Apparently relying on this authority, Kraft, a Delaware corporation, sued Heartland, an Indiana corporation, in the District of Delaware, and Heartland challenged, seeking to have the case transferred to the Southern District of Indiana. The District Court denied Heartland’s motion, and Heartland filed a petition for mandamus with the Federal Circuit. See Kraft Foods Grp. Brands LLC v. TC Heartland, LLC, 2015 U.S. Dist. LEXIS 127972 (D. Del. Sept. 24, 2015). The Federal Circuit denied Heartland’s petition for mandamus. In re TC Heartland LLC, 821 F.3d 1338 (Fed. Cir. 2016). Thereafter, the Supreme Court granted certiorari and, following argument in March 2017, reversed and remanded the prior decision in a May 22, 2017, opinion, holding that the 1988 amendment to the general venue statute did not amend the patent venue statute and “that a domestic corporation ‘resides’ only in its State of incorporation for purposes of the patent venue statute.” TC Heartland LLC, 197 L.Ed.2d at 820 (2017).
Is Heartland a Swipe at “Patent Trolls”?
While the full impact of the Heartland decision for patent practitioners may not be fully known for years, a fair amount of speculation has already been raised in the media. For example, some media sources have claimed that Heartland is a rebuke of forum shopping by so-called “patent trolls” and will be a boon for the tech industry. San Jose’s Mercury News, under the headline “Supreme Court Ruling Puts Patent Trolls in their Place,” called the Heartland decision “a major win for the tech industry that should be celebrated throughout Silicon Valley.” This in spite of the fact that Heartland was (a) brought not by a patent troll, but a Fortune 200 company; (b) brought not against a tech company, but a division of a food products company; and (c) brought not in a District that is a known magnet for “forum shoppers,” but in the District of Delaware, the forum of choice for many of the largest corporations in the world. Other factors show that certain characterizations of the impact may be off base.
First, any suggestion that the Heartland decision discloses anti-patent troll sentiments by the Supreme Court is misplaced. The decision, based on (candidly) dry statutory construction of the two venue provisions, returns the patent venue statute to the Supreme Court’s prior interpretation in its 1957 Fourco Glass decision.
Second, the idea that any setback for a patent troll (NPE) is a boon for the “tech industry” actually reflects a misunderstanding of the value that such NPEs bring to startups by providing a market for sale of IP when a startup fails. Startups expend substantial resources on developing and protecting potentially disruptive intellectual property. While some startups succeed, many others fail—and some before they enter the market with a viable product. Thus, NPEs prevent established tech companies from depriving investors in failed startups from the ability to recoup their investment in R&D and intellectual property by selling them to third parties (including other NPEs or in bankruptcy auctions) for use or resale to others for enforcement against free riders. Without the market for failed startups to sell this intellectual property, many angel investors may prefer to place their bets on only the “sure things” rather than the potential revolutionary “disrupters.”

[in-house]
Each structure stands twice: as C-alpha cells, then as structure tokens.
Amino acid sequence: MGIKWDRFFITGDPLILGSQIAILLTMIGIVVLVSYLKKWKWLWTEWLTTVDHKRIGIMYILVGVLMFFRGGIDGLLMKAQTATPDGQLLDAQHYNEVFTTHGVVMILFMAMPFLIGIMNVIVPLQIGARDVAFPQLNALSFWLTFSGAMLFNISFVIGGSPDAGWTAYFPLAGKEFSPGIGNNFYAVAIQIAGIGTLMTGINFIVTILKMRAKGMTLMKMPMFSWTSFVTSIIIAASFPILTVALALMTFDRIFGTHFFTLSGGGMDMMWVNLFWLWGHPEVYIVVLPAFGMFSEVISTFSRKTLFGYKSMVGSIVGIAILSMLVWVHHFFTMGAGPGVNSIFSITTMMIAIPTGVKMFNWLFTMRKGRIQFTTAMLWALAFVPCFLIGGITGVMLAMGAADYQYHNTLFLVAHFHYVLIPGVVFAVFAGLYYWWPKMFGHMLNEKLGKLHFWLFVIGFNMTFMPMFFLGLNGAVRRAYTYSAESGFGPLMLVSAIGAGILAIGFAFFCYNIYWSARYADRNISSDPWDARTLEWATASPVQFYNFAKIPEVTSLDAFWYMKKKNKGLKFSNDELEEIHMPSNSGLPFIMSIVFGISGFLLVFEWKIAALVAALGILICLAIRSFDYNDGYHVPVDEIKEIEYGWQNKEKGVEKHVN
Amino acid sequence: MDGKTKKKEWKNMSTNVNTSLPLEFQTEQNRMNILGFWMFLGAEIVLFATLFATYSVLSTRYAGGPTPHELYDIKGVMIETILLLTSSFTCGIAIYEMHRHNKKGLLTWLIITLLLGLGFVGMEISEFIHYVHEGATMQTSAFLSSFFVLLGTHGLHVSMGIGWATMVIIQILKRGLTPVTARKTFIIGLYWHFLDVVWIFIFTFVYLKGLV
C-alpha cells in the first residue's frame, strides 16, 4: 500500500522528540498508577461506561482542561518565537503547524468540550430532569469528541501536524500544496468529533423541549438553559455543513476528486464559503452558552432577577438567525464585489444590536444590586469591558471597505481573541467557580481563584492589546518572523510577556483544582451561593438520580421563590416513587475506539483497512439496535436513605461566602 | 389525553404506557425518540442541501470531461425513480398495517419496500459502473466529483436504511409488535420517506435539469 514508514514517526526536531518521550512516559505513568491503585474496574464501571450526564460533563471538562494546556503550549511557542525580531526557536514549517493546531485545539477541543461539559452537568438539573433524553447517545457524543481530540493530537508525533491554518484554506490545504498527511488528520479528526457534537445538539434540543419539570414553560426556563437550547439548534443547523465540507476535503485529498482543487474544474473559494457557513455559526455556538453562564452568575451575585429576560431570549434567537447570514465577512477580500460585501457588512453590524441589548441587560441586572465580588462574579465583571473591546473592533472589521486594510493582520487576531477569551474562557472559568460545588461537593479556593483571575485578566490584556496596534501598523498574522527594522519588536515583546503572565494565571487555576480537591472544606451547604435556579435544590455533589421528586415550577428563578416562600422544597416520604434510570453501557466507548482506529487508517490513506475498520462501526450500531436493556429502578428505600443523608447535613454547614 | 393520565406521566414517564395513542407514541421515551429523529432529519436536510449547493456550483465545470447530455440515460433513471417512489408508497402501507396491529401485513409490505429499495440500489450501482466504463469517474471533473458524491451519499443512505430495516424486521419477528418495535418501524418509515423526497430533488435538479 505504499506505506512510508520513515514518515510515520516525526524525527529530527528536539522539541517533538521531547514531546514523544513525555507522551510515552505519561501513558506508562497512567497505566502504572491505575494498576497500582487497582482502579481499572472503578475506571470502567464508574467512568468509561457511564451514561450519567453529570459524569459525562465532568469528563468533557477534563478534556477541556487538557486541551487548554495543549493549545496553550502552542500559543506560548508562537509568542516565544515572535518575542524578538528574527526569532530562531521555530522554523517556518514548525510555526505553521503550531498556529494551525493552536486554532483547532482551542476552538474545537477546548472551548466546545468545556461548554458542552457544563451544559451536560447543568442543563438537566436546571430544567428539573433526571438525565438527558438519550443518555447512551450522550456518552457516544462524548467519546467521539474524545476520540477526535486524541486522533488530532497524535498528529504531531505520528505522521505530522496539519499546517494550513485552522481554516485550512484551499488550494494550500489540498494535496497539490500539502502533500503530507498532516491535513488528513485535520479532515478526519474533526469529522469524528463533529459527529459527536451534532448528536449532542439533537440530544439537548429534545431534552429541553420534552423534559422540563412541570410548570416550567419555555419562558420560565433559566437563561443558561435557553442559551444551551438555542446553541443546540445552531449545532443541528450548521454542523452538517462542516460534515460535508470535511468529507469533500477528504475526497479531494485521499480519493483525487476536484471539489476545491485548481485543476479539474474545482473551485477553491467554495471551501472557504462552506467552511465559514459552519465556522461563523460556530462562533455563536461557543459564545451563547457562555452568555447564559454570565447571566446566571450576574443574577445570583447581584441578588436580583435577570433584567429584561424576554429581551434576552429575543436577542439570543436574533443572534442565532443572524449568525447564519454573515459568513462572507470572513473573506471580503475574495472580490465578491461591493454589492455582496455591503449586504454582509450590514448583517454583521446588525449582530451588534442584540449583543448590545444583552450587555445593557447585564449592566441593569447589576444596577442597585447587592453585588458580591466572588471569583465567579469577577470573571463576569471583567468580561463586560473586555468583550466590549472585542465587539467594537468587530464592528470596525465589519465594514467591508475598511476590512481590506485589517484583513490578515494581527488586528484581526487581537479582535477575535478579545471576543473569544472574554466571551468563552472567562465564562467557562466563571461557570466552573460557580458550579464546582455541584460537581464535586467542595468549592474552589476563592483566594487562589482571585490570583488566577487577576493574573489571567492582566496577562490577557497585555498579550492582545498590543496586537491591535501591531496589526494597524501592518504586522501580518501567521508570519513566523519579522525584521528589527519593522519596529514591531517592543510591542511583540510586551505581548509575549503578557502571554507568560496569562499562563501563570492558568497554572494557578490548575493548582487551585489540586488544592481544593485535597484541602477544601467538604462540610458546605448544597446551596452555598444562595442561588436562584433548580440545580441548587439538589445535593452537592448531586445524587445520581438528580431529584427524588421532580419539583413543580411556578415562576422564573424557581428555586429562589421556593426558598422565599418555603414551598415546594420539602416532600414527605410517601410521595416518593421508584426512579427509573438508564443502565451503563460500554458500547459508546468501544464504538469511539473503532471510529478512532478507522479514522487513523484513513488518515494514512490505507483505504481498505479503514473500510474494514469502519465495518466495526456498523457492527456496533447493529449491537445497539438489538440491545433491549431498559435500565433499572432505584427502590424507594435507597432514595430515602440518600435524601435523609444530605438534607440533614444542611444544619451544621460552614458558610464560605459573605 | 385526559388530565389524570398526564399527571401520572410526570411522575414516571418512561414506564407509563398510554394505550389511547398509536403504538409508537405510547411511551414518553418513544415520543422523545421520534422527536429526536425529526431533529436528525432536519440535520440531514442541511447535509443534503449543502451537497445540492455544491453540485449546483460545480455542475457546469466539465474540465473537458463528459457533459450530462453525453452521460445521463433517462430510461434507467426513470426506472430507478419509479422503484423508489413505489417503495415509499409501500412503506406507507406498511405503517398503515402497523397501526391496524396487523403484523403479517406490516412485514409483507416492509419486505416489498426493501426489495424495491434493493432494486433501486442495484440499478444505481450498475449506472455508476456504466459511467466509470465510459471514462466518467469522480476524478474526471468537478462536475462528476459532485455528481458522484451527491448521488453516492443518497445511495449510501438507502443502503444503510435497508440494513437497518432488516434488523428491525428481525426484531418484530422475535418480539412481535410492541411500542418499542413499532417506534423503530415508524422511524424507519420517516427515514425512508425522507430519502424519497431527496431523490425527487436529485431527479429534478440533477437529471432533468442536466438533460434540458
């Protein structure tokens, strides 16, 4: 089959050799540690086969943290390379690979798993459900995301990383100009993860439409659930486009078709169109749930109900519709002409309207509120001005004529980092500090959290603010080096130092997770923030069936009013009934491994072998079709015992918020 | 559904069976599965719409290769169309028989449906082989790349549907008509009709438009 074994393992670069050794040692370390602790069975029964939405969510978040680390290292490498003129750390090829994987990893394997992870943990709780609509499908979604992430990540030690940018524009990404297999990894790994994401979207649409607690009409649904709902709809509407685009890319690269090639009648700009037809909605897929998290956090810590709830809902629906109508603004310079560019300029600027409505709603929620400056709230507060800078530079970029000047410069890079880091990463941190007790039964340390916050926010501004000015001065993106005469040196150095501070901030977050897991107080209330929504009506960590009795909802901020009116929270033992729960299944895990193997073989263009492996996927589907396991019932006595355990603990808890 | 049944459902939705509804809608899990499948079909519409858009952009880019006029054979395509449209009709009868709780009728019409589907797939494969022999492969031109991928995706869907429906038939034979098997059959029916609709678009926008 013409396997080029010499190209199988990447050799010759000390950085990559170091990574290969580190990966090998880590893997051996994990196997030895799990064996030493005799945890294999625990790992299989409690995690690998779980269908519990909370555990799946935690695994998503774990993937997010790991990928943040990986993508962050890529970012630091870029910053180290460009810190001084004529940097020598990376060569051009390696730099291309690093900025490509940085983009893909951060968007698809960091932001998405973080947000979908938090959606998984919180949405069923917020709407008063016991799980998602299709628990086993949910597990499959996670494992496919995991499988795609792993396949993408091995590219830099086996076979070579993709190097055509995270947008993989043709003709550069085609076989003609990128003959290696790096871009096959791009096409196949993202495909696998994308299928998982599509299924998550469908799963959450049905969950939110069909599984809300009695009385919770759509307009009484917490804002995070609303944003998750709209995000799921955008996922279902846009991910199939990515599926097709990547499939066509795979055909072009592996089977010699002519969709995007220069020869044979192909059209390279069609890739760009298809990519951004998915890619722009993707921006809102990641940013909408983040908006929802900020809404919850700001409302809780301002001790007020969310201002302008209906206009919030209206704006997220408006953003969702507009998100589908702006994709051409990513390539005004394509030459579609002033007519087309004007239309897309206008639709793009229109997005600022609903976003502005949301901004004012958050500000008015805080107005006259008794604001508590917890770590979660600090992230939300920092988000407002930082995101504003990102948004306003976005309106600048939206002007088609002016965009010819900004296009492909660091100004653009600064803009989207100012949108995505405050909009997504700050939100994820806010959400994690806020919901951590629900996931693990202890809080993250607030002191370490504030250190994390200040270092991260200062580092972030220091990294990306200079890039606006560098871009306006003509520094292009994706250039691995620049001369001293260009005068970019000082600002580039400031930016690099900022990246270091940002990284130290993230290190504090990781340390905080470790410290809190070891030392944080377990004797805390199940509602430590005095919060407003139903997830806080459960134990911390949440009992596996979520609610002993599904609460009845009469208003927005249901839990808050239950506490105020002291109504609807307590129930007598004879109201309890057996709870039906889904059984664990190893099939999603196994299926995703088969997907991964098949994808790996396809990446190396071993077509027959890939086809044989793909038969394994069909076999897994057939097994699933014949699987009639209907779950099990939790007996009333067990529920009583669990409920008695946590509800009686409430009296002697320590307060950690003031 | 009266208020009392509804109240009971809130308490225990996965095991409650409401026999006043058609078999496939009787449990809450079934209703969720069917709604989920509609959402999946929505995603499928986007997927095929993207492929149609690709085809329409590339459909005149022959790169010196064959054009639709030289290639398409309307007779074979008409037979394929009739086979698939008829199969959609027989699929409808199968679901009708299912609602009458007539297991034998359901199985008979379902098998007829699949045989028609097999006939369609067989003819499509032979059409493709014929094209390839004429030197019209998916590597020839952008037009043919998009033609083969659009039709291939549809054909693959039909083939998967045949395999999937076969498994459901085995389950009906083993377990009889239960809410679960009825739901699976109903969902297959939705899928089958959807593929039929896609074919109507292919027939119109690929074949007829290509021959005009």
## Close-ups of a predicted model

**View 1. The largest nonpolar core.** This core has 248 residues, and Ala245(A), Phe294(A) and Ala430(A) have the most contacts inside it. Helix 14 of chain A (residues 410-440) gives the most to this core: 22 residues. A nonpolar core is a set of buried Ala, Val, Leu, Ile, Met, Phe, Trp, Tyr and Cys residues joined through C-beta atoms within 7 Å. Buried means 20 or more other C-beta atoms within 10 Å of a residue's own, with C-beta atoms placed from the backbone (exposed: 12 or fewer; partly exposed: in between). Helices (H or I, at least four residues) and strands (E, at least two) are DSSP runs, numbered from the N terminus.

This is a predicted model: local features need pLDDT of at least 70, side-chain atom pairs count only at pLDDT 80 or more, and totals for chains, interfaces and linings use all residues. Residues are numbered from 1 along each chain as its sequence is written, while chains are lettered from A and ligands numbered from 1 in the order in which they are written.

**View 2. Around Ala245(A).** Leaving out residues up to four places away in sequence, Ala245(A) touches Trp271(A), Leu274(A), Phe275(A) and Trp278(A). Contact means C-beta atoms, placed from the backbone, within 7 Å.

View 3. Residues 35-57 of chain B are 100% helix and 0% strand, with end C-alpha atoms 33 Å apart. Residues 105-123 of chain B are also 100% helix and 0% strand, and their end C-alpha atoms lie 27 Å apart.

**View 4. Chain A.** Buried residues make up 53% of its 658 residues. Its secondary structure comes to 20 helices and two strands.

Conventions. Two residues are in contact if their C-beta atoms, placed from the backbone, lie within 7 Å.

Third, while Heartland will result in some changes in where infringement suits are brought, it will not eliminate forum shopping altogether. The Supreme Court did not disturb the second prong of the patent venue statute concerning where infringement cases can be filed: “where the defendant has committed acts of infringement and has a regular and established place of business.” §1400(b). Acts of infringement include “whoever without authority makes, uses, offers to sell, or sells any patented invention.” 35 U.S.C. §271(a). The only other requirement for venue under the second prong of the patent venue statute is that the defendant has a “regular and established place of business” in the District. Depending on the type of business and its business model this prong offers significant choice of venue.
The District of Delaware as the Default Forum.
What is clear from the Heartland decision is that it does set the default for venue for patent infringement suits in a defendant’s State of incorporation, if no alternative exists. Nearly 1.2 million business entities have their legal home in Delaware including more than half of all U.S. publicly-traded companies and 64-66% of the Fortune 500. In short, Delaware is likely to be the “winner” of the venue sweepstakes triggered by Heartland.
The Delaware Court’s track record in patent infringement cases, in general, and in cases brought by putative “patent trolls” (NPEs), in particular, is instructive. In 2015 and 2016 the District of Delaware led the top 15 jurisdictions ranked for most “favorable venues for patent holders, with shorter time-to-trial, higher success rates and greater median damages awards.” The District of Delaware is also not inhospitable to NPEs. The success rate for NPEs may suffer somewhat in Delaware, but recoveries could be double from recoveries in the Eastern District of Texas.